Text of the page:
Tuesday, November 13, 2012
7 year old who kicks and throws things
We have three children, all of whom were adopted. Our son always sweet as a baby is now our biggest source of stress and heart break. He was somewhat obsessive about skateboarding, even when he was 2 but not more than many boys were with trains. He had a language issue when he was a baby and was very frustrated, and was classified so he could have help negotiating himself in the nursery school classroom. He was always very much a "boy" but all his teachers said it was never a problem. Starting second grade he decided not to go to school . It was too hard, not enough breaks and too long of a day. He has always been insecure about his intelligence. He gets some reading support at school but is not behind the curve and is doing very well now. Over the summer, and spring, he developed a love for video games, especially Mind Craft, which he dreams about but reacts to it like crack. We've tried sticker charts, the explosive child strategies, therapy, punishment of all sorts and every thing works a little for a little while. He is getting more angry when he doesn't get his way. He kicks doors, chairs, throws things, and is 7. I fear what may happen when he gets a little older. If you can help in anyway it would be greatly appreciated.
Hi, some children have trouble regulating anger. Once they get frustrated, their anger quickly escalates into explosive behavior. The key is to try to intervene early in the sequence when possible. Rewards don't always work because these children are not thinking ahead at those times, but reacting emotionally. The first thing to do is to observe carefully what some of your son's triggers are, i.e. what situations lead to his tantrums. Then think about whether you can re-arrange the situation to avoid the trigger. Or if you cannot avoid the trigger, can you prepare him in advance to get ready for the situation. Before he gets aroused, he may listen to suggestions or incentives.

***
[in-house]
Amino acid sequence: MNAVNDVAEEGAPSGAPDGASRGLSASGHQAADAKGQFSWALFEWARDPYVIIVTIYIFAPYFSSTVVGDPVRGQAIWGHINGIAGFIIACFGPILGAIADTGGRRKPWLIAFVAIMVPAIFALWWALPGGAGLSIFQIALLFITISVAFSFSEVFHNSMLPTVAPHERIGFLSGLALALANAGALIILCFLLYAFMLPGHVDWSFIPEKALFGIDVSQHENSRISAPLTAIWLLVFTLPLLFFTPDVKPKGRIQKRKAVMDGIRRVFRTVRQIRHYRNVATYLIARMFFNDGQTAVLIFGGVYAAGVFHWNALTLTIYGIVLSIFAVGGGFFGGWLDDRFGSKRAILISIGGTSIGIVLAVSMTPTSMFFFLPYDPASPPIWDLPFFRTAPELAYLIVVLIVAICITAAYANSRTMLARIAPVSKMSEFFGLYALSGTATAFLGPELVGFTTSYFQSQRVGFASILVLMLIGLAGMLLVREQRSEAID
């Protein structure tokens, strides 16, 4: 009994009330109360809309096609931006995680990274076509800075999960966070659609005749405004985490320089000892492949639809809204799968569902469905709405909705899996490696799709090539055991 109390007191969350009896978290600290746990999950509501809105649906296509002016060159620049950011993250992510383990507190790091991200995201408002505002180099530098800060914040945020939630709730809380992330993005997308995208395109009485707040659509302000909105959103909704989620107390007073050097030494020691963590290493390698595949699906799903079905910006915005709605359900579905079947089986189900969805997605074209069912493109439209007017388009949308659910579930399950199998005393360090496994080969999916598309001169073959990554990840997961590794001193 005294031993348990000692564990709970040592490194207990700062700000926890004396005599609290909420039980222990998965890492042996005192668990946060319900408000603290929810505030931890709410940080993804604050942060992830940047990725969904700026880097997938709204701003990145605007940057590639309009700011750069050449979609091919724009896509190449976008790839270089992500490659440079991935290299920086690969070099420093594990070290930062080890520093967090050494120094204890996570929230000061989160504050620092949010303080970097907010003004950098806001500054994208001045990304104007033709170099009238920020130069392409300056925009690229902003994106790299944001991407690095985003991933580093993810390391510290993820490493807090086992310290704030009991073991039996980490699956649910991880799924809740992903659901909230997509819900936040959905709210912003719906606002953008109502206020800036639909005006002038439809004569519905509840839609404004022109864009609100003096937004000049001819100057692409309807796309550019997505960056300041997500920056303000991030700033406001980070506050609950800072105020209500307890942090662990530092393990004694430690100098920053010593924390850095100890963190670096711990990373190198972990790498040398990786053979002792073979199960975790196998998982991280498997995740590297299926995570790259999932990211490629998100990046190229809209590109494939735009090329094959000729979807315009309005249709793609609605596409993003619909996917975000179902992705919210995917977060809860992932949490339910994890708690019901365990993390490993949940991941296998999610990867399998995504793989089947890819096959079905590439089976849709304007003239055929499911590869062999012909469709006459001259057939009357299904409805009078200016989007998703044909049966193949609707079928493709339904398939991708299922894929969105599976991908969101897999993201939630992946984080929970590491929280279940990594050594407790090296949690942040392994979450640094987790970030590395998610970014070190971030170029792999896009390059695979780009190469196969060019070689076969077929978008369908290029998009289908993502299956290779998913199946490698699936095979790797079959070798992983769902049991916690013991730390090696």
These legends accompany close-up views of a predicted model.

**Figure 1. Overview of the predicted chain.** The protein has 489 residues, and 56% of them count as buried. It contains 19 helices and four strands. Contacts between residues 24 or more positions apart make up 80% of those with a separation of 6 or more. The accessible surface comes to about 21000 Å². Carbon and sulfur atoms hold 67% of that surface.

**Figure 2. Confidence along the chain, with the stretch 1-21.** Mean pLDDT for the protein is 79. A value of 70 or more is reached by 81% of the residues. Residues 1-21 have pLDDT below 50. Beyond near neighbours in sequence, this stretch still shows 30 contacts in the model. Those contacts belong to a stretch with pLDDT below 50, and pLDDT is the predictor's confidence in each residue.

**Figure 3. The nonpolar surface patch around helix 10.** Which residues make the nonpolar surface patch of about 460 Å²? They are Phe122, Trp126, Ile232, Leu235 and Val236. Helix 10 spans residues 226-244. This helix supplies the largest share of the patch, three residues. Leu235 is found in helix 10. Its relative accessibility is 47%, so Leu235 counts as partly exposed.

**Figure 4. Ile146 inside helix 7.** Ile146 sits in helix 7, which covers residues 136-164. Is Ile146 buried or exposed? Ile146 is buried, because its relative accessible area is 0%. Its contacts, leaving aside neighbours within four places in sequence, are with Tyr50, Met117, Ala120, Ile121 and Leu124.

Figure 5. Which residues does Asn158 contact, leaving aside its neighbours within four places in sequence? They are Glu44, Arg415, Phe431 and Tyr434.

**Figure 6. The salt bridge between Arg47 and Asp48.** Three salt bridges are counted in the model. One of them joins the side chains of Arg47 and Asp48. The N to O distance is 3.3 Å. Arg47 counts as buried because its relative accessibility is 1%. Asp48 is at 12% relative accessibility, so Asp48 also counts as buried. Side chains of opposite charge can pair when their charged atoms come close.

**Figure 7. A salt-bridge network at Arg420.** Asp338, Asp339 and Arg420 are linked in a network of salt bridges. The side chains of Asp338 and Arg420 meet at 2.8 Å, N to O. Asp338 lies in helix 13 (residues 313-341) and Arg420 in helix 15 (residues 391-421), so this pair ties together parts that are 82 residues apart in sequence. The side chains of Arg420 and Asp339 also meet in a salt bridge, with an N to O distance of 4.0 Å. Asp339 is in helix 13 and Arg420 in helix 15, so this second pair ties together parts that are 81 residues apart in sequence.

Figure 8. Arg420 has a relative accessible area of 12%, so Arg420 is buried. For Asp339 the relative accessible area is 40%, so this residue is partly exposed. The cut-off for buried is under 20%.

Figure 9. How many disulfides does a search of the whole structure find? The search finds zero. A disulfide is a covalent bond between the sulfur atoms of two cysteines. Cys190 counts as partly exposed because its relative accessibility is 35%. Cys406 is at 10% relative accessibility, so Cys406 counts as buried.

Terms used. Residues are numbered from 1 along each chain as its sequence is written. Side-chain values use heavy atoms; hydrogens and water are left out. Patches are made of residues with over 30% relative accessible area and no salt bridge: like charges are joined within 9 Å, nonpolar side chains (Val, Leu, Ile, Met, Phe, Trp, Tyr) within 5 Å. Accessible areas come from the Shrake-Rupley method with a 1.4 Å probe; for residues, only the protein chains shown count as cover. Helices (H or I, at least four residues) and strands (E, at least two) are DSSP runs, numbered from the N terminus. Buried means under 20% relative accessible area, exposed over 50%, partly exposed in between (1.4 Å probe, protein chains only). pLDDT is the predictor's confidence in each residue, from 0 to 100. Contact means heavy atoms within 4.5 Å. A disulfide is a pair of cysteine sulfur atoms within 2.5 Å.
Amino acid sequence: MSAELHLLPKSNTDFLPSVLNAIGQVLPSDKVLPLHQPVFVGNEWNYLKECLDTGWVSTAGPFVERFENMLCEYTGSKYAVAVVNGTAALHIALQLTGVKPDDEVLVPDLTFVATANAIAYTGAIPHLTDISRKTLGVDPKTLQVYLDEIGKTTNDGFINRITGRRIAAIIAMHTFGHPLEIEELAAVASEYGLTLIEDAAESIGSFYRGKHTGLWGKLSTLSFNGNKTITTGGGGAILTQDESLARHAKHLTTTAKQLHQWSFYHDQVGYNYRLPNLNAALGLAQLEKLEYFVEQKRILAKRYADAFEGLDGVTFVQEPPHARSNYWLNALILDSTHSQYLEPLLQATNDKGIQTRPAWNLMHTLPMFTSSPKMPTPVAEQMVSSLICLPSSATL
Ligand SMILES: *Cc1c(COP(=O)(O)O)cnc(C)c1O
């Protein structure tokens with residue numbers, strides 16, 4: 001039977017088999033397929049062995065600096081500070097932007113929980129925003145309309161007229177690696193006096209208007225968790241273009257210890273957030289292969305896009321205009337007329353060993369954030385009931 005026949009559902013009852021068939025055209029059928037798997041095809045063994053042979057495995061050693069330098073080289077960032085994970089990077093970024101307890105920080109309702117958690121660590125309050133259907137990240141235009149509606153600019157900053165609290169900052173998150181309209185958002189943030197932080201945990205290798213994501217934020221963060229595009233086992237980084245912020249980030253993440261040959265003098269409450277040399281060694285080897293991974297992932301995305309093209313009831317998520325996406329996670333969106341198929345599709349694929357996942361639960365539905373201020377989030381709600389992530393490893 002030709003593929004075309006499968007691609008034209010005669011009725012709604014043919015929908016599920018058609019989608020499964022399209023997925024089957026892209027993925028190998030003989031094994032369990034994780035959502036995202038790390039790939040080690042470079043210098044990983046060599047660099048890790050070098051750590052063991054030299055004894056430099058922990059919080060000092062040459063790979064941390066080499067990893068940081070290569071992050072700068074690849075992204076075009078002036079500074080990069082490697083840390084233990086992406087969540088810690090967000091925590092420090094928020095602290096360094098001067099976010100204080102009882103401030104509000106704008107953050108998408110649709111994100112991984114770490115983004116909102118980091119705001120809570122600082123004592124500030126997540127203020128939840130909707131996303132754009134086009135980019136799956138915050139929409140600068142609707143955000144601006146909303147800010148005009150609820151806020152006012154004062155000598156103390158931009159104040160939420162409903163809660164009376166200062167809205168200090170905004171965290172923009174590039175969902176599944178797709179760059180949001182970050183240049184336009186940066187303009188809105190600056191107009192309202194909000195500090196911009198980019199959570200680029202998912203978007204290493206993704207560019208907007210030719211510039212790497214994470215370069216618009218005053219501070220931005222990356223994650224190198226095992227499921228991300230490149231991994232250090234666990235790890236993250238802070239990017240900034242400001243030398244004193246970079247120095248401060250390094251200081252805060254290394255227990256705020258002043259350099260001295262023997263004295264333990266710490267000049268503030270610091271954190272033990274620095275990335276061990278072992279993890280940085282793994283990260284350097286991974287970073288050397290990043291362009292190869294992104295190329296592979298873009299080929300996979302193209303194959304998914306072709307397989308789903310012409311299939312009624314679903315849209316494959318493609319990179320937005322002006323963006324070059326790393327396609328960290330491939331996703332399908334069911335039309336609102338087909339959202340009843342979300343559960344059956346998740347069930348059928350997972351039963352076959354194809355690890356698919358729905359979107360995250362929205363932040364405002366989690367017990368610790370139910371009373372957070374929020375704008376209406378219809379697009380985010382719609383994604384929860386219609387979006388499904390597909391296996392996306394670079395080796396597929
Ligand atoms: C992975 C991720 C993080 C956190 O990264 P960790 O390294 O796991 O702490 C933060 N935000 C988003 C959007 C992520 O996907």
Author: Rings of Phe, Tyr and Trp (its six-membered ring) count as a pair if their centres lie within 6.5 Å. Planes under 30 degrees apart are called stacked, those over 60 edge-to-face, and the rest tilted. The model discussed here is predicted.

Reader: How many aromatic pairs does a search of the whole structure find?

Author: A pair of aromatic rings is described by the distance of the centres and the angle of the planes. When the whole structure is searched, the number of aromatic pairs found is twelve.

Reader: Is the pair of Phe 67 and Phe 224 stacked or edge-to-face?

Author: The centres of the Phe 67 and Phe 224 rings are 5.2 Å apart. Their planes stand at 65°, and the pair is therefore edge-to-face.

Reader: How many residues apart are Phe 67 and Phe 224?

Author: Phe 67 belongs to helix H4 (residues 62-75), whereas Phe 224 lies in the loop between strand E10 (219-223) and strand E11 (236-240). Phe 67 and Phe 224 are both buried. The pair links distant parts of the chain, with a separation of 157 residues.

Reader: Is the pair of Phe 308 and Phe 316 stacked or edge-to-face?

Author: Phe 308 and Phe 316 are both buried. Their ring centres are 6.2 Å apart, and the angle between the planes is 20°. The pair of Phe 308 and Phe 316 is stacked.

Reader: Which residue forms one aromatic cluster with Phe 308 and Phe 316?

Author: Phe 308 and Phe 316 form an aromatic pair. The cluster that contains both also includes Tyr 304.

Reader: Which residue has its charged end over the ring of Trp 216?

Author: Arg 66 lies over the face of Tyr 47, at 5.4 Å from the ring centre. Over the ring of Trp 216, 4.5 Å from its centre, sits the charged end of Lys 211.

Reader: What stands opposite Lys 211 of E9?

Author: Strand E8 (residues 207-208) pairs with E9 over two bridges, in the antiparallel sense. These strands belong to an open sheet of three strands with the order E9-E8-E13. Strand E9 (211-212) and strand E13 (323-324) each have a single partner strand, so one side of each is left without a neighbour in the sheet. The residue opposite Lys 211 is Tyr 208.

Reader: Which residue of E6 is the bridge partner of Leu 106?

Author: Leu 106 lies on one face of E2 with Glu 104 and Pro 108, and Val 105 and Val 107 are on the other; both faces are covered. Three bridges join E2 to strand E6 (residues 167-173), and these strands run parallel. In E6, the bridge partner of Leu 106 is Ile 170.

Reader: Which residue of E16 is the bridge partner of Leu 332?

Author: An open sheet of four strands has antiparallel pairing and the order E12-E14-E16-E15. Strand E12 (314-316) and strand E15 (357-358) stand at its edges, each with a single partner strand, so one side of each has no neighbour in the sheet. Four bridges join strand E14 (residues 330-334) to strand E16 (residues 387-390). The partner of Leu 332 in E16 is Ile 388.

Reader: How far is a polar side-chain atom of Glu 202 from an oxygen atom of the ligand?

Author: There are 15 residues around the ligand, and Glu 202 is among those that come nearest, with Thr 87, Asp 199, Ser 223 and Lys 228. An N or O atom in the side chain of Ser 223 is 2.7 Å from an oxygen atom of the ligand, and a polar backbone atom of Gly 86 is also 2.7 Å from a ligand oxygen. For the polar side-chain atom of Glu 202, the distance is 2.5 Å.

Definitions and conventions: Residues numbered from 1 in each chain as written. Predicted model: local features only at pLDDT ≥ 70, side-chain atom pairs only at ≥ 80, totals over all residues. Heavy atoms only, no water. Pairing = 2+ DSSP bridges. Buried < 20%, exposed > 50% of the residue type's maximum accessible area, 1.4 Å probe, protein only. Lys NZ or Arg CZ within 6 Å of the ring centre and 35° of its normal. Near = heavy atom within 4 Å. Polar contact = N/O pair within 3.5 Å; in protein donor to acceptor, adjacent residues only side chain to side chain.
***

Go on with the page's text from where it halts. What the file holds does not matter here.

The other set of strategies is to teach him how to handle his frustrations. The key here is to get your child to think with you about his explosions each time they happen (later in the day once he is much calmer). You talk about what happened, what the trigger was, and help him think of alternative ways of thinking and alternative ways of reacting. I explain the steps in my parent's manual. If your son does not yet see his tantrums as a problem to work on with you, then you will focus on the strategies in the first half of the manual (strategies you can employ without your son's cooperation). You would still talk a little after an explosion (but not during) to try to get him to see the costs of his behavior. Once he recognizes the pain he is causing, he would be ready for teaching him alternative ways of thinking and alternative approaches to regulating anger.
You would also want to deal with any insecurities your son has, especially if they contribute to his anger. Does his reading problem, though improved, precede an outburst? You mentioned mine craft: does he have trouble getting off that game? Are other transitions hard for him? Did his therapist have any thoughts about problems that could be contributing to his explosions? You would want to help your son deal better with any underlying insecurities.
All the best, Dr. Gottlieb